Ben Frost at Lincoln Center Unnerves Members in Tuxedos

Last night marked the commencement of New York’s Unsound fest 2011, once again cooperatively executed by Polish Cultural Institute in New York and the Goethe-Institut New York. An important genre-defying event of modern composition, this year’s festival began with a Lincoln Center performance by Ben Frost in collaboration with prepared pianist Daniel Bjarnson, “We don’t need other worlds. We need mirrors” (originally performed at the same event in Poland last year). Frost had Sinfonietta Cracovia, the Royal Orchestra of Krakow, at his disposal and to many’s surprise didn’t lose himself in it, as everything was very contained, sustained, and minimal. A constant tension remained as the visuals supplied by Brian Eno (manipulated stills from the original Solaris film) were projected above the orchestra.

Below is the actual progression of the evening.

Keller and I find our seats and are amazed by their proximity to the stage. We sit, and I realize that my hands still smell like the pizza we ate. The audience abides by the light flash and shuts up, then the projector plays footage of a performance by Sinfonietta Cracovia of Fragment Koncertu (it is amazing). We applaud. “That sounded very fragmented,” says a woman seated behind me. The evening proceeds with members of the Krakow orchestra playing pieces by Penderecki and Reich. All are performed magnificently, sychronized bows violently pumping and at times softly swaying but always damn fine.

Intermission. I am asked not to take pictures. The woman seated behind me is told by her husband that two years ago Ben Frost was a nobody, had only put out two albums (one of which he owns and hates because it’s just noise), and look at him now, what a bunch of bullshit, he concludes.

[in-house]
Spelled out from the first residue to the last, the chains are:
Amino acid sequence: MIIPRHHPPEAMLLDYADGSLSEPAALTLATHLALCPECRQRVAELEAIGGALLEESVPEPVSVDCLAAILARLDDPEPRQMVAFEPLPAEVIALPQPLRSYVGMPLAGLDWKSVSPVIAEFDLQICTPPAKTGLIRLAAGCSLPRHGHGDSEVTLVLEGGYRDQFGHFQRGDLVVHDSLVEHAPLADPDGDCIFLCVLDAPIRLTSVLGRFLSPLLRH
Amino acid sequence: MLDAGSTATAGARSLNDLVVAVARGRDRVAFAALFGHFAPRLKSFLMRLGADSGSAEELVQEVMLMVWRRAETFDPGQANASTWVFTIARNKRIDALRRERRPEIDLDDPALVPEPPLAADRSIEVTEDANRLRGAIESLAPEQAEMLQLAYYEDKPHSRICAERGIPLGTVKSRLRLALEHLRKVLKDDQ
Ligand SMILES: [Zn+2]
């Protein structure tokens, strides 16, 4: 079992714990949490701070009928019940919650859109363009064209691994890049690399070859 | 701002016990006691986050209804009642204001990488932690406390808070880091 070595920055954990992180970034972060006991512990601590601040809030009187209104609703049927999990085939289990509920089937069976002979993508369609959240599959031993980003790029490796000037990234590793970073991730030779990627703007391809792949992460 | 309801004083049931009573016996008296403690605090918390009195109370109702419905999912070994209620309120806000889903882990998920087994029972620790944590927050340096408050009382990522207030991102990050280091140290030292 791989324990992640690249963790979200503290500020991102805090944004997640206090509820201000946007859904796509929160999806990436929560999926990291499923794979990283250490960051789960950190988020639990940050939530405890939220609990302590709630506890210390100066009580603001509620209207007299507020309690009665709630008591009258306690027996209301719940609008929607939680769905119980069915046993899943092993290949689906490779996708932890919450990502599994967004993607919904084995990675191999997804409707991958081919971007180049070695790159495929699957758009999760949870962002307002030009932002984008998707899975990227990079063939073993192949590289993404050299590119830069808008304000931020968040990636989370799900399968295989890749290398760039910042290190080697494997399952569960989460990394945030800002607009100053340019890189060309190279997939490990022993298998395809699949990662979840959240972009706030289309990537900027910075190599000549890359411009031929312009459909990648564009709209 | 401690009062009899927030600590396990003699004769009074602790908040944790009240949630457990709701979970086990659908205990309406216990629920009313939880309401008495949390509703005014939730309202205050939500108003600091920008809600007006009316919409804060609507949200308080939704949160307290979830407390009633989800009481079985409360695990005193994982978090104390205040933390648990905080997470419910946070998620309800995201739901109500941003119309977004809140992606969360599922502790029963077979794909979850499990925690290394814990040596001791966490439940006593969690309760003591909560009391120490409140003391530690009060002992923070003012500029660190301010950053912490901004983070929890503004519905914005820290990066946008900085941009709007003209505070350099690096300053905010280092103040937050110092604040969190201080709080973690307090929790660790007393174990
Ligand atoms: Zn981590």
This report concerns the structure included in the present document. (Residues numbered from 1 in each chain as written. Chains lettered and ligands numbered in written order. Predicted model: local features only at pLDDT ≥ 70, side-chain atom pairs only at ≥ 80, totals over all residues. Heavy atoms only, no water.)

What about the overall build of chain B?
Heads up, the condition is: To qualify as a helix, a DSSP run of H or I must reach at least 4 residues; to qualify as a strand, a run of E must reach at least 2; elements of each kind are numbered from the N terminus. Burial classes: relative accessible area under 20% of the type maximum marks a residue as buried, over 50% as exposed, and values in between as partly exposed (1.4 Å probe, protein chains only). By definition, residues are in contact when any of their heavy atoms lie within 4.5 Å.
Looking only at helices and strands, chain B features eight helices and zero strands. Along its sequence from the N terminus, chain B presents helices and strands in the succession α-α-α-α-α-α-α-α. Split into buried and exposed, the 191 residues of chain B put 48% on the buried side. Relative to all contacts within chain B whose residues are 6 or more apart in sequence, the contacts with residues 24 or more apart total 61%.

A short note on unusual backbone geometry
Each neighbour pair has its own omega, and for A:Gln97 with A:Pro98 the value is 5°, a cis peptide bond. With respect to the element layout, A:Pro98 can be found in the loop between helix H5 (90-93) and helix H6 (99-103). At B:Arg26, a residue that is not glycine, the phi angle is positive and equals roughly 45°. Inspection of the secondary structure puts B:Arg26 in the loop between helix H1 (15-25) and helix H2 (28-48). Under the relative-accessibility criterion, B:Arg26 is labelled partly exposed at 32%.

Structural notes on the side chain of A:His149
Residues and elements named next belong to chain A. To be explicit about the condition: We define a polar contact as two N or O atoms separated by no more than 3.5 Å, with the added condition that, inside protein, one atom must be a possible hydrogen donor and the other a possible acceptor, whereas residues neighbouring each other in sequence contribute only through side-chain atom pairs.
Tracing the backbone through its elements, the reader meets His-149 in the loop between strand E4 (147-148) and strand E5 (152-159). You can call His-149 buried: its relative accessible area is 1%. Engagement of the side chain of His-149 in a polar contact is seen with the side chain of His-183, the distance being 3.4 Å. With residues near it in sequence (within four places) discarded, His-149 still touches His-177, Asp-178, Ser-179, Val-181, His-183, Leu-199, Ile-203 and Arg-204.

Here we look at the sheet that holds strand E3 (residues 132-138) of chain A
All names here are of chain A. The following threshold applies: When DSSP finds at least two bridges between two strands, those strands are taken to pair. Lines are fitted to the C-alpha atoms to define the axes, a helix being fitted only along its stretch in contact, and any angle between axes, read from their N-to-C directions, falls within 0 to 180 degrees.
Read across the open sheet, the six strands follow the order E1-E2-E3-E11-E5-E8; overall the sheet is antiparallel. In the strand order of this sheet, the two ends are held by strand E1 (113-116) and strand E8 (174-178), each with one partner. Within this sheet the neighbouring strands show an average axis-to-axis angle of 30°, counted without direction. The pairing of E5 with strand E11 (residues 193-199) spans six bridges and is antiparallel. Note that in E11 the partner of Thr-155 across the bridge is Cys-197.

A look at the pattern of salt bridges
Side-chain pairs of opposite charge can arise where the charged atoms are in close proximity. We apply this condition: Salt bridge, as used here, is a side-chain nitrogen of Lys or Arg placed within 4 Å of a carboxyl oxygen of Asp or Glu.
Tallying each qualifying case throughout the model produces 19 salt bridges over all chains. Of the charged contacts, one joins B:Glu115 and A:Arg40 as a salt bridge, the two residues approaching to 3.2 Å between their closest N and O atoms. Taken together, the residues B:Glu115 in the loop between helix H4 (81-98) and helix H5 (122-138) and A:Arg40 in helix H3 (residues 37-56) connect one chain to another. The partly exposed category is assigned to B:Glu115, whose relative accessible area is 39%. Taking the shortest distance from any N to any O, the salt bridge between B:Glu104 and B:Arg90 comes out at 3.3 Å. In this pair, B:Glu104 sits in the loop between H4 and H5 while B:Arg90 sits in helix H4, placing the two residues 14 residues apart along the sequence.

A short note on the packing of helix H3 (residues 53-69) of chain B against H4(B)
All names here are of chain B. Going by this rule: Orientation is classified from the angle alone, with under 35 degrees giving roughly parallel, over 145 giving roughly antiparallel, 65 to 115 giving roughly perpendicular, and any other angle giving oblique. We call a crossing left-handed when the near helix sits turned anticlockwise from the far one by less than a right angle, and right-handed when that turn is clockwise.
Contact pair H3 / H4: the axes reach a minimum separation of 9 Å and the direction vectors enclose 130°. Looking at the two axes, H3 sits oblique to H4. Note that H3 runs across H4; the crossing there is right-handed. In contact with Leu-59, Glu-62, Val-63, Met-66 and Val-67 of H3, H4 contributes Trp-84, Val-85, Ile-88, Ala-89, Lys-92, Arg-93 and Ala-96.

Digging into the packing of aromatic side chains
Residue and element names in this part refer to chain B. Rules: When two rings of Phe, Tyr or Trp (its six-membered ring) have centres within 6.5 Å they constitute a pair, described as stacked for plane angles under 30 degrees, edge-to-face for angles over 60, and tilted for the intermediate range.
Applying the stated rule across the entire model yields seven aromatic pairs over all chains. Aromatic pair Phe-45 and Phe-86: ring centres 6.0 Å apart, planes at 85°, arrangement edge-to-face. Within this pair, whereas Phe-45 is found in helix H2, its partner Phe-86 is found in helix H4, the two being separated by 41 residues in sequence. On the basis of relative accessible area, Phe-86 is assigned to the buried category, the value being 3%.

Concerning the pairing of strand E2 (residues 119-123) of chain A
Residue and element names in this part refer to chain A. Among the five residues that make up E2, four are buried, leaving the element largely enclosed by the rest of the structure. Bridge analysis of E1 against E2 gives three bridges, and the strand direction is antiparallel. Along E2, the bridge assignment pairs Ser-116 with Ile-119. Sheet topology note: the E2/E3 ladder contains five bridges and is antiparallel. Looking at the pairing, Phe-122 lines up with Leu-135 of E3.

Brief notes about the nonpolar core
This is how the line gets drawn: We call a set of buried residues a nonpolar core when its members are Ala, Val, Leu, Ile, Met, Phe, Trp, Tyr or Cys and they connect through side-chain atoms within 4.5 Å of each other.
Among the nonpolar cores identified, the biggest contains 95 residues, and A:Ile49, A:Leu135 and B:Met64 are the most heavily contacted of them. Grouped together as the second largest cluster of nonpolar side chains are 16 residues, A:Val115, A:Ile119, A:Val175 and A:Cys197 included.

Frost’s performance begins, and the audience isn’t sure if it has begun because it’s so goddamn quiet. There are no swells of black static, but Frost is just as unnervingly noisy with the quiet tension he creates, sustaining, at times even swelling with massive depth, but mostly just faintly churning, like 50 squeaky sets of teeth being brushed, decorated by the scattered prepared piano. The projector displays a blue square, which becomes more squares, then more complex arrangements of pixels until one sees the Kris character, elderly-looking, fromSolaris, age in reverse, then age back, then pixelate until just a square again.

I clap as solidly as I can, surprised it’s already over. The woman seated behind me says, “It’s pretty droney,” as her husband murmurs swears under his breath, displeased with the evening’s performance. His New York accent is thick, like someone at a Mets game. Keller and I take sometime to come out of the state we were put in and then get some donuts.

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